A celebration of animals in the Pacific Northwest and what they teach us.

Hear My Voice/Escucha mi voz: The Testimonies of Children Detained at the Southern Border of the United StatesHear My Voice/Escucha mi voz: The Testimonies of Children Detained at the Southern Border of the United States by Warren Binford
My rating: 4 of 5 stars

Various illustrators give voice to migrant children detained in the US-Mexico border and shines a light at the horrific situations they’re faced with.

Mel FellMel Fell by Corey R. Tabor
My rating: 4 of 5 stars

Absolutely delightful story of letting go of fears and just flying. A fun reading experience all around with fun illustrations.

Carol and the Pickle-ToadCarol and the Pickle-Toad by Esme Shapiro
My rating: 4 of 5 stars

A fun quirky book with a wonderful message of silencing the inner critic and using your own voice. It’s a world where readers would enjoy visiting over and over again.

Vivi Loves ScienceVivi Loves Science by Kimberly Derting
My rating: 4 of 5 stars

When aspiring marine biologist Vivi learns the class field trip is to the beach she is excited to discover what ocean life awaits for her there. Includes a couple of fun activities plus some science facts.

MartyMarty by Rachel Noble
My rating: 4 of 5 stars

A wonderful story about fitting in. When a Martian’s identity is exposed, he worries if he’ll always be an outsider or if he can find a place to belong.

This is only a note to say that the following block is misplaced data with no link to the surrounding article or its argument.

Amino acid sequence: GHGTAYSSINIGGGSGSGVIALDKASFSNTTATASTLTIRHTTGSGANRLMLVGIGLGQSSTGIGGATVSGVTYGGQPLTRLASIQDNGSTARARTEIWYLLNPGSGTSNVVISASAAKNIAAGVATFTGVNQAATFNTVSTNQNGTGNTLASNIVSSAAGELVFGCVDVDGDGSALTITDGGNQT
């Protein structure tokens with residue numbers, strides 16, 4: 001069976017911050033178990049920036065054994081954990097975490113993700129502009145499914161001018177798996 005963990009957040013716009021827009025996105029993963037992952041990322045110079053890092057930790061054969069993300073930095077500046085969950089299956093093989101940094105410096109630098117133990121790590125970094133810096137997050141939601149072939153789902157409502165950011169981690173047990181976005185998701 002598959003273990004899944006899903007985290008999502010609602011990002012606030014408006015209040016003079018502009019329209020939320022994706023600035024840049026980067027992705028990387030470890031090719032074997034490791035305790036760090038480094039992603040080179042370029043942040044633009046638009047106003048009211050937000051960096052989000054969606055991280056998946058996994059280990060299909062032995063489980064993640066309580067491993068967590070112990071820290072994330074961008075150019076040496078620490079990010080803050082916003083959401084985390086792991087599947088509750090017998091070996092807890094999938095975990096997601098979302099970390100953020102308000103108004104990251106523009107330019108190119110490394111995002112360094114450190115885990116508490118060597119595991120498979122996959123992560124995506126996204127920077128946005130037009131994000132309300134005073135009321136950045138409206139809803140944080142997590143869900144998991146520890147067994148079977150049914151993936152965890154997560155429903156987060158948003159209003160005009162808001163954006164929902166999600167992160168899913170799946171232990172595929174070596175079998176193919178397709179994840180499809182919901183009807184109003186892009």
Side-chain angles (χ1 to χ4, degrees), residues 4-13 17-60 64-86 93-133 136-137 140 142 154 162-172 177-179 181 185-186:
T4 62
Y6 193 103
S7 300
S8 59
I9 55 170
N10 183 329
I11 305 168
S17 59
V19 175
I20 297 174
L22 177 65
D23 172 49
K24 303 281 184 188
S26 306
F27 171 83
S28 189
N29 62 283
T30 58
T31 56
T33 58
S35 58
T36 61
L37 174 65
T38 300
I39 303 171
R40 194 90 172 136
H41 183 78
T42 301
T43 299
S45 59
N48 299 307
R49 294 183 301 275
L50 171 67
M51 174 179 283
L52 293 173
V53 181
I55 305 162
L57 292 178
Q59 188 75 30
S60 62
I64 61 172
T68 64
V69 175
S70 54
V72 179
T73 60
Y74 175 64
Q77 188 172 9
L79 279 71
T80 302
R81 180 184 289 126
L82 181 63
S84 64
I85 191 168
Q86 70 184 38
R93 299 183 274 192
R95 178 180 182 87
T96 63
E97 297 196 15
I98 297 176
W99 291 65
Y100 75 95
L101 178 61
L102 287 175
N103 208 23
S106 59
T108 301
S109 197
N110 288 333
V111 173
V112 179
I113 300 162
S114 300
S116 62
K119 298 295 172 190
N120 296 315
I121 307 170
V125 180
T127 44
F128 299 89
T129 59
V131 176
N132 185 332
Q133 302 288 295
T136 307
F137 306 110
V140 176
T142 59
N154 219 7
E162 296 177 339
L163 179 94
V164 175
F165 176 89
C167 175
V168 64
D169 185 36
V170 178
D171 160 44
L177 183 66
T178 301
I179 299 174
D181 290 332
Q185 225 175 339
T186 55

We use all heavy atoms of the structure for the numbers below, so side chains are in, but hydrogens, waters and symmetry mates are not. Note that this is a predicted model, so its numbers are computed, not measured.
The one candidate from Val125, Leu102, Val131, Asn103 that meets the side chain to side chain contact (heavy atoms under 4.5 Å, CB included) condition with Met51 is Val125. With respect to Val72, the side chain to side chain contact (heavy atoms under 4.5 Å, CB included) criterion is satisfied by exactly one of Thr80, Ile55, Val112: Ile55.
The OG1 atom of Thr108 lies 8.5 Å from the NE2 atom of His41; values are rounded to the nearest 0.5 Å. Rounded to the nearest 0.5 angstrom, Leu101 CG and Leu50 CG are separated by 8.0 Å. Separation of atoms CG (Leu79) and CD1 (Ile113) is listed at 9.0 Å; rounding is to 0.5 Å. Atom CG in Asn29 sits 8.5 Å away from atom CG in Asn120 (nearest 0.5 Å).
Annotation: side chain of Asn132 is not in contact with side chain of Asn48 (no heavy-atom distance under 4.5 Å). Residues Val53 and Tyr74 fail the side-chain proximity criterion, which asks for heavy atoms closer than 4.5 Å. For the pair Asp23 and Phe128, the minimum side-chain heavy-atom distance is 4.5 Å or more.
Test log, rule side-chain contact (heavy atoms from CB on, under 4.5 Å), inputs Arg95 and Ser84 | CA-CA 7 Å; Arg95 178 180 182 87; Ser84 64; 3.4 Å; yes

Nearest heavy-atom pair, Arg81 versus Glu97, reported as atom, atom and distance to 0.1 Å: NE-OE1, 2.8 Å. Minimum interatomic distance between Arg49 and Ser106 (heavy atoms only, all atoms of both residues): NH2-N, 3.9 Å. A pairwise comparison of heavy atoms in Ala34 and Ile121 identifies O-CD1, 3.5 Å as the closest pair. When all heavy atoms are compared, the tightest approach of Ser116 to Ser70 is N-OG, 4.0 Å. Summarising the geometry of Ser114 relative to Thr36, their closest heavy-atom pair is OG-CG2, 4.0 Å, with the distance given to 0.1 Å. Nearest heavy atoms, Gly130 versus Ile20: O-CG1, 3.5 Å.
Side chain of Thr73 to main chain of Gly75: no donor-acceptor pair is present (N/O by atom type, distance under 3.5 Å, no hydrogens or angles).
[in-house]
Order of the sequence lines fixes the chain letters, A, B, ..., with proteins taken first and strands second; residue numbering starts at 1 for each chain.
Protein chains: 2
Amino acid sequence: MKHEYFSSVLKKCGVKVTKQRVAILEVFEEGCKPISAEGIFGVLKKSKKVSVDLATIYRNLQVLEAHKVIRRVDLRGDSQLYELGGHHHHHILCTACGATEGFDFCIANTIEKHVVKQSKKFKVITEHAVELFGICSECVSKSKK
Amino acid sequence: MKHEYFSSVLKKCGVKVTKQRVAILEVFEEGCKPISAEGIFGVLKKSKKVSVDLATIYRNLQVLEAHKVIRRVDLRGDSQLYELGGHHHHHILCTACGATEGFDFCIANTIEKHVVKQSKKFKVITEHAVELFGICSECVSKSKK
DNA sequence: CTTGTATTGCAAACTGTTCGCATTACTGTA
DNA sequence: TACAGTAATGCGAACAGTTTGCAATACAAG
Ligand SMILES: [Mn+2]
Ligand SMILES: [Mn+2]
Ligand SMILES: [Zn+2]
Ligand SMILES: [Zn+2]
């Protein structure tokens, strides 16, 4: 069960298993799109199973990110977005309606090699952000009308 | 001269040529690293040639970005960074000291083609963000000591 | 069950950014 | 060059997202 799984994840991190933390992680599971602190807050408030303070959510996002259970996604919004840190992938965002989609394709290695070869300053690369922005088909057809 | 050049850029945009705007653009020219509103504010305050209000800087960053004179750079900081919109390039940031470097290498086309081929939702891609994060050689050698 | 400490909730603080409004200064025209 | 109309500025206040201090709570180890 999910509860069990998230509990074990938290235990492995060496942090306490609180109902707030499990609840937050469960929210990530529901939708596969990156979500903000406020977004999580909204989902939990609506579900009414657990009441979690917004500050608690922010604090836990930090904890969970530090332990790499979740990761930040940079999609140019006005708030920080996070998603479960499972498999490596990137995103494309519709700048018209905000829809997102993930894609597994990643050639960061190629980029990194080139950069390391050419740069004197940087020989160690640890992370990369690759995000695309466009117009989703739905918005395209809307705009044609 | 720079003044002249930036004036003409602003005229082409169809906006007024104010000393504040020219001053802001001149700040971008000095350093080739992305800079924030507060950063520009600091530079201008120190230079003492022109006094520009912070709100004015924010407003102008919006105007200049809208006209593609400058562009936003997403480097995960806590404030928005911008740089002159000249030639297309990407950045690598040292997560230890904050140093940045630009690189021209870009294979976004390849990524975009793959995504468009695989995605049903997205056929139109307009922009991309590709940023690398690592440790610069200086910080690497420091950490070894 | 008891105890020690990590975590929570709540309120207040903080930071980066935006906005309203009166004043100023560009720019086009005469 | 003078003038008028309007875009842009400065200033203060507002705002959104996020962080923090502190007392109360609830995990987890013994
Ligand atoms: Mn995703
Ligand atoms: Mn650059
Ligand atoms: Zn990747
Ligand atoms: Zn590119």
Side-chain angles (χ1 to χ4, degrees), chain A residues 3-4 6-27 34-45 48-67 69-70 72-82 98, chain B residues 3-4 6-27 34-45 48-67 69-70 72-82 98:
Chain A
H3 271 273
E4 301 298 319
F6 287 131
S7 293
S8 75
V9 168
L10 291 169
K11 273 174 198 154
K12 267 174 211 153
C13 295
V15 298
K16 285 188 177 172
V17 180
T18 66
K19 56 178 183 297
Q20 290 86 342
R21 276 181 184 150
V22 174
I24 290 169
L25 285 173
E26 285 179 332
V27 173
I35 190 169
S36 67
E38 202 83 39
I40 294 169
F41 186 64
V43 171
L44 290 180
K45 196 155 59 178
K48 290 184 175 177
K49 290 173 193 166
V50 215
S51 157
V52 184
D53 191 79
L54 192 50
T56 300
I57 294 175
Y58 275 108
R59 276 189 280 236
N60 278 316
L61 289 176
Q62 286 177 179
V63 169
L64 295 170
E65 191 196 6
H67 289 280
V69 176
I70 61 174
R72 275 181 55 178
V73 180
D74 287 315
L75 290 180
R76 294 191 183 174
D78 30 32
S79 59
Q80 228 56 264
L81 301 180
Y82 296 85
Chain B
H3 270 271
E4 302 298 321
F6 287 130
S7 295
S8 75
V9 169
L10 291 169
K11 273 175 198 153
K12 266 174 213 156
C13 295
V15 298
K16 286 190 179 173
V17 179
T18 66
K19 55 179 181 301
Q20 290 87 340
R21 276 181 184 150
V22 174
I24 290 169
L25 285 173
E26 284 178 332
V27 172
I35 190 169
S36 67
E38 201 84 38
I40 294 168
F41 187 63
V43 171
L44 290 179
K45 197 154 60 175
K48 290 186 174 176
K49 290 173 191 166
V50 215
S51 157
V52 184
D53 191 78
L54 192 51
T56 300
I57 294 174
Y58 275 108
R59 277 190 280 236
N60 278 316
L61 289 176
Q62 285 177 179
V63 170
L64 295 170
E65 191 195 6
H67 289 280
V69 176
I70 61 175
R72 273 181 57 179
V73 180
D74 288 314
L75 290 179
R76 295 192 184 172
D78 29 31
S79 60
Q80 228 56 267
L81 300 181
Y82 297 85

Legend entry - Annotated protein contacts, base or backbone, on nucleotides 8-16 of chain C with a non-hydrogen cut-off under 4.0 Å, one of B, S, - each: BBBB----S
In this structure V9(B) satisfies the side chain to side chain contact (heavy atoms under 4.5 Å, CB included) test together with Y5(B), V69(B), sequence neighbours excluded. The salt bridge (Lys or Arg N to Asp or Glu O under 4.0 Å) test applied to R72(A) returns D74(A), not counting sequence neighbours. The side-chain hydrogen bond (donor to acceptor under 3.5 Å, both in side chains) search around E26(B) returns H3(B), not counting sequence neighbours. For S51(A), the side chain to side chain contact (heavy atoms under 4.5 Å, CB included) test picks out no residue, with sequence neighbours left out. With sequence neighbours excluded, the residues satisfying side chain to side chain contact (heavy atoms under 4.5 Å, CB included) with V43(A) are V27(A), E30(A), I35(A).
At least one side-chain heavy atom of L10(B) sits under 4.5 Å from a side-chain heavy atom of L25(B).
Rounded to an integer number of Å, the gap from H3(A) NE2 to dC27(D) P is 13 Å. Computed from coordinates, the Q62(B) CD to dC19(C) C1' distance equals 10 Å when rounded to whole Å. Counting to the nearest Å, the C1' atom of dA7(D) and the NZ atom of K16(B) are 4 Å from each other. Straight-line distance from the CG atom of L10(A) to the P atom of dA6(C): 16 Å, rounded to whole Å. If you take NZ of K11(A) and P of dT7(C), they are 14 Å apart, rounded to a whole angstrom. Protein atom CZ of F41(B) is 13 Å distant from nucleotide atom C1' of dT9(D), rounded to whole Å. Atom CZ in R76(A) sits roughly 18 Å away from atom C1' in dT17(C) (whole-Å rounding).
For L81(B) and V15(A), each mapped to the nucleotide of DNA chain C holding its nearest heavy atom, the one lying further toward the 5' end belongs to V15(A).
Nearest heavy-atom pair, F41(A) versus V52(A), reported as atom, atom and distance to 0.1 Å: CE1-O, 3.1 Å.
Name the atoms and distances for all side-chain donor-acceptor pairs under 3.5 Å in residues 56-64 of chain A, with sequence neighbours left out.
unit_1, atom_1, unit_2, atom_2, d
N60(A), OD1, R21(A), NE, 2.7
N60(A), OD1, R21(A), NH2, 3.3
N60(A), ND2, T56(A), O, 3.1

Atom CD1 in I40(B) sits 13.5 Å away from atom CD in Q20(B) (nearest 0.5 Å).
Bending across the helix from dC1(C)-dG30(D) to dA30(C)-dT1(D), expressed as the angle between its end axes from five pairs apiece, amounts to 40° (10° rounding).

Memory JarsMemory Jars by Vera Brosgol
My rating: 4 of 5 stars

A sweet story of finding the balance between holding on the good things in life and living in the moment.

Where Is the Dragon?Where Is the Dragon? by Leo Timmers
My rating: 3 of 5 stars

Reminds me of Chris Haughton’s Shh! We Have a Plan but involving dragon-hunting instead of bird-hunting.

Measuring UpMeasuring Up by Lily LaMotte
My rating: 4 of 5 stars

A kid enters a cooking channel to hopefully bring her grandma from Taiwan to visit them in their new home in Seattle. But the kids in her school tease her about the food she eats. How can she find a way to fit in and be herself at the same time?

Adrian and the Tree of SecretsAdrian and the Tree of Secrets by Hubert
My rating: 3 of 5 stars

I stumbled upon this while randomly browsing the shelves of a bookstore I’d never been to. I was intrigued by the title and then drawn in by the fact it was a graphic novel. The only thing I can say without it being too spoilery is that it’s very realistic and has a very moody feel to it.

Just Above My HeadJust Above My Head by James Baldwin